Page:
Victims of negligence: 7-year-old Rakesh, 16-year-old Manikanta, 9-year-old Geetha Lakshmi, and 5-year-old Abhishek. 
(Photo Credit: The Quint

Even Army and NDRF Couldn’t Help

Days after Abhishek drowned in 2009, the city administration took the help of the Madras Engineers Group of the Indian Army.

The men combed the storm water drain for over 15 days before finally calling off the operation.

Things were no different when Kumar was washed away. Diving experts of the National Disaster Response Force (NDRF) were called in to help recover his body. But, they had to call off the operation, finding it hard to look through the garbage and sludge.

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Buried  Under Garbage: The Storm Water Graves of Bengaluru 
(Photo: The Quint)

Trained Men Can't Survive, How Will Children?

The operation to recover 9-year-old Geetha Lakshmi’s body took four days. “As several parts of the storm water drains are under the road, our men have to walk inside the sewer. Because of the garbage, it is hard to walk fast. As the team was going through the storm water drain, there was a distress call and one of the men was rushed back. Even though he had breathing equipment, the stress made him claustrophobic,” said a Regional Fire Officer (RFO), who wished to remain anonymous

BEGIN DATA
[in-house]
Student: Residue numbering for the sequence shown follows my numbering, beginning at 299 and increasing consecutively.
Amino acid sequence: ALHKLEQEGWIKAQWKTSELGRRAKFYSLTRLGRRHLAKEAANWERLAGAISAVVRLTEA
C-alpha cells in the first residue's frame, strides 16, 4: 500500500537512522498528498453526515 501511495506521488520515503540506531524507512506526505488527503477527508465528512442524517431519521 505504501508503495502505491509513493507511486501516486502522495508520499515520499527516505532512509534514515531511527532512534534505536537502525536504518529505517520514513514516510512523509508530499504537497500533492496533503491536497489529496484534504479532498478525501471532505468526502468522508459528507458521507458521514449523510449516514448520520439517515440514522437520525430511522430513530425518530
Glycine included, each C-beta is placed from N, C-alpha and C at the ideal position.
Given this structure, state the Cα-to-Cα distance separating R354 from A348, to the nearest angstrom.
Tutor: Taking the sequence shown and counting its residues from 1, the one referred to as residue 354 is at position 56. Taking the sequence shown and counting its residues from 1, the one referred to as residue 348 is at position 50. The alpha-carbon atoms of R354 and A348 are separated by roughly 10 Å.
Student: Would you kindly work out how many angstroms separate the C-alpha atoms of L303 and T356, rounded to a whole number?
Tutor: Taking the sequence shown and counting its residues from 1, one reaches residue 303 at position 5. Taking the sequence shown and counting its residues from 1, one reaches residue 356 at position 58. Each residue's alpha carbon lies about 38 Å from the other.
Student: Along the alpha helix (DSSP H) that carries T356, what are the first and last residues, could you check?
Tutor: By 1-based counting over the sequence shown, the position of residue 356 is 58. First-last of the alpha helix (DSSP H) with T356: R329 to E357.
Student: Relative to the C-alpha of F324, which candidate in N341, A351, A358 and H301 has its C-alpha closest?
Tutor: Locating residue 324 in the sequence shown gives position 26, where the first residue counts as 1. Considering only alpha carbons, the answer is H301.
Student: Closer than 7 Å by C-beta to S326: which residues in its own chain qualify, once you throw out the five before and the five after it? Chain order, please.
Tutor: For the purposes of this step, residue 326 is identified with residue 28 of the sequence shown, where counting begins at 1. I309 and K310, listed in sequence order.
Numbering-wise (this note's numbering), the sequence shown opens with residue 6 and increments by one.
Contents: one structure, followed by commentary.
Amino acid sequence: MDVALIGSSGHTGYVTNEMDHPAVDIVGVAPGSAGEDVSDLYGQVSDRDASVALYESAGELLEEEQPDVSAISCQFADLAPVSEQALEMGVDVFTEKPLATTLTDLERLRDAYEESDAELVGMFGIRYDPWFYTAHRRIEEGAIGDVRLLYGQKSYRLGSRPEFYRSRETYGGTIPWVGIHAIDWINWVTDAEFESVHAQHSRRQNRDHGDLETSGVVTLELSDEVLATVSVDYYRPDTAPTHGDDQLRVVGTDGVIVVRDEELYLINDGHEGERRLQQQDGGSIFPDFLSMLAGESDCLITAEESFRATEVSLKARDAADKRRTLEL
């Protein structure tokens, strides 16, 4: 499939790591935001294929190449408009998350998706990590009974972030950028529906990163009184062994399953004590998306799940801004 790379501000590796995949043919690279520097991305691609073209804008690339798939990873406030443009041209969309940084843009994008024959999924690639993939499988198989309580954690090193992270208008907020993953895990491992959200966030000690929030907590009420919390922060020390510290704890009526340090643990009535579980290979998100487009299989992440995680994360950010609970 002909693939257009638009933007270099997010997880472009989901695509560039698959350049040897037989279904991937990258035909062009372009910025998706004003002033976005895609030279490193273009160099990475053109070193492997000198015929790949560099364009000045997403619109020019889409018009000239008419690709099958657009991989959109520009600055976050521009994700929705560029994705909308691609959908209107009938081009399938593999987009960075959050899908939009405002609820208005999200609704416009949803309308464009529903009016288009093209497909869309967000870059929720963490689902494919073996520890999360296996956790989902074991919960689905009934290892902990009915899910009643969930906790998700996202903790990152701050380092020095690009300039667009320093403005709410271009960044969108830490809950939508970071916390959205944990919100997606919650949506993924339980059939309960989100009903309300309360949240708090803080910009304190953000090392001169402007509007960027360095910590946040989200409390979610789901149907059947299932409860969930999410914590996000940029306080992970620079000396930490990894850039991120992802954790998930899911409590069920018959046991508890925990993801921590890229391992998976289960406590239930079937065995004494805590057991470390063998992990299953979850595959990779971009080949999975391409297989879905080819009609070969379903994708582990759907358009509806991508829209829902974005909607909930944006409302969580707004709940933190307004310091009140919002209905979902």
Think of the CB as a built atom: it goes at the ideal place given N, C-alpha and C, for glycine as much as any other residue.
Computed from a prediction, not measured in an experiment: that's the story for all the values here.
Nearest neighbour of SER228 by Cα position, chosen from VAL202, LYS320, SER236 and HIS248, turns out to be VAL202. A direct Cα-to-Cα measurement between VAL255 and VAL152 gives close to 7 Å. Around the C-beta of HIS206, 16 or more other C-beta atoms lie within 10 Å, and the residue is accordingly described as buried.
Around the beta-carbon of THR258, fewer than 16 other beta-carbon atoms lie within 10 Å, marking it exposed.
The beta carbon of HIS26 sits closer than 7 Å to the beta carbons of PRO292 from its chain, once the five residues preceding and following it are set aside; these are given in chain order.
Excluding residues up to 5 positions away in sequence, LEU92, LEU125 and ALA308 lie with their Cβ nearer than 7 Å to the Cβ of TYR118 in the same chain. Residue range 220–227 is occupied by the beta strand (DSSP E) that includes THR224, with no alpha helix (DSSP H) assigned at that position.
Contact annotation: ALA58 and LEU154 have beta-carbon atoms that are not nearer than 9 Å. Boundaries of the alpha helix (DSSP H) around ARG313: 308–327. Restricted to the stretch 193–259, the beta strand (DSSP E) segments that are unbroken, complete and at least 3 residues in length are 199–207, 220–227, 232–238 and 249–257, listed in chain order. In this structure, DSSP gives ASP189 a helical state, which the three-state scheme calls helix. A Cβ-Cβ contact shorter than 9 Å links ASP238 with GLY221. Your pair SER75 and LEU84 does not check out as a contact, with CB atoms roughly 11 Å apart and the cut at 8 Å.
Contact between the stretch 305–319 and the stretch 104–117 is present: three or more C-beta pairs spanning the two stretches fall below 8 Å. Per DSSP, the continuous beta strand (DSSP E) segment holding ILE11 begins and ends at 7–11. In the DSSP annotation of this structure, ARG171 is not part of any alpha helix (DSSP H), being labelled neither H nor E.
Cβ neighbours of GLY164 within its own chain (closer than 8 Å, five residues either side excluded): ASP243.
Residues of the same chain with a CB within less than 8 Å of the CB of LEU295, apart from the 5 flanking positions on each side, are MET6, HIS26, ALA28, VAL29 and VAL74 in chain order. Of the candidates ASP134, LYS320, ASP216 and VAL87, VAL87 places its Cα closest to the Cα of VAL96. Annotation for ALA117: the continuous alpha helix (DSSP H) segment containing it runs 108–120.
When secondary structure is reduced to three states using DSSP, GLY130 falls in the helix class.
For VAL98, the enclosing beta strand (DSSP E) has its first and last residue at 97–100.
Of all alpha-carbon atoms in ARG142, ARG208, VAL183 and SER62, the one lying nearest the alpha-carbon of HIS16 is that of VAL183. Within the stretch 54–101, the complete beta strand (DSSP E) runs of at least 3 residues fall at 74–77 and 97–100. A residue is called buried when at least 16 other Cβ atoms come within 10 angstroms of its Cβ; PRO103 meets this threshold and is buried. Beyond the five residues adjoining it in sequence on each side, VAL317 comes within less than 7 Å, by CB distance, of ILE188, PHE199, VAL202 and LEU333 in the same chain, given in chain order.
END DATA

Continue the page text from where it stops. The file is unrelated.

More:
If trained professionals find it difficult, you can imagine what a little child would have suffered.
Regional Fire Officer
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Drains Filled with Toxic Fumes

According to rescue experts at the Karnataka Fire and Emergency Department, there is little hope of finding someone who has been washed away in the storm water drain. And even recovering the bodies is life threatening.

“Even though these are storm water drains, our men have to use breathing equipment to walk into several parts of these drains because of the toxic fumes inside them. These fumes are created because of the garbage,” the officer said.

Buried  Under Garbage: The Storm Water Graves of Bengaluru 
(Photo: The Quint)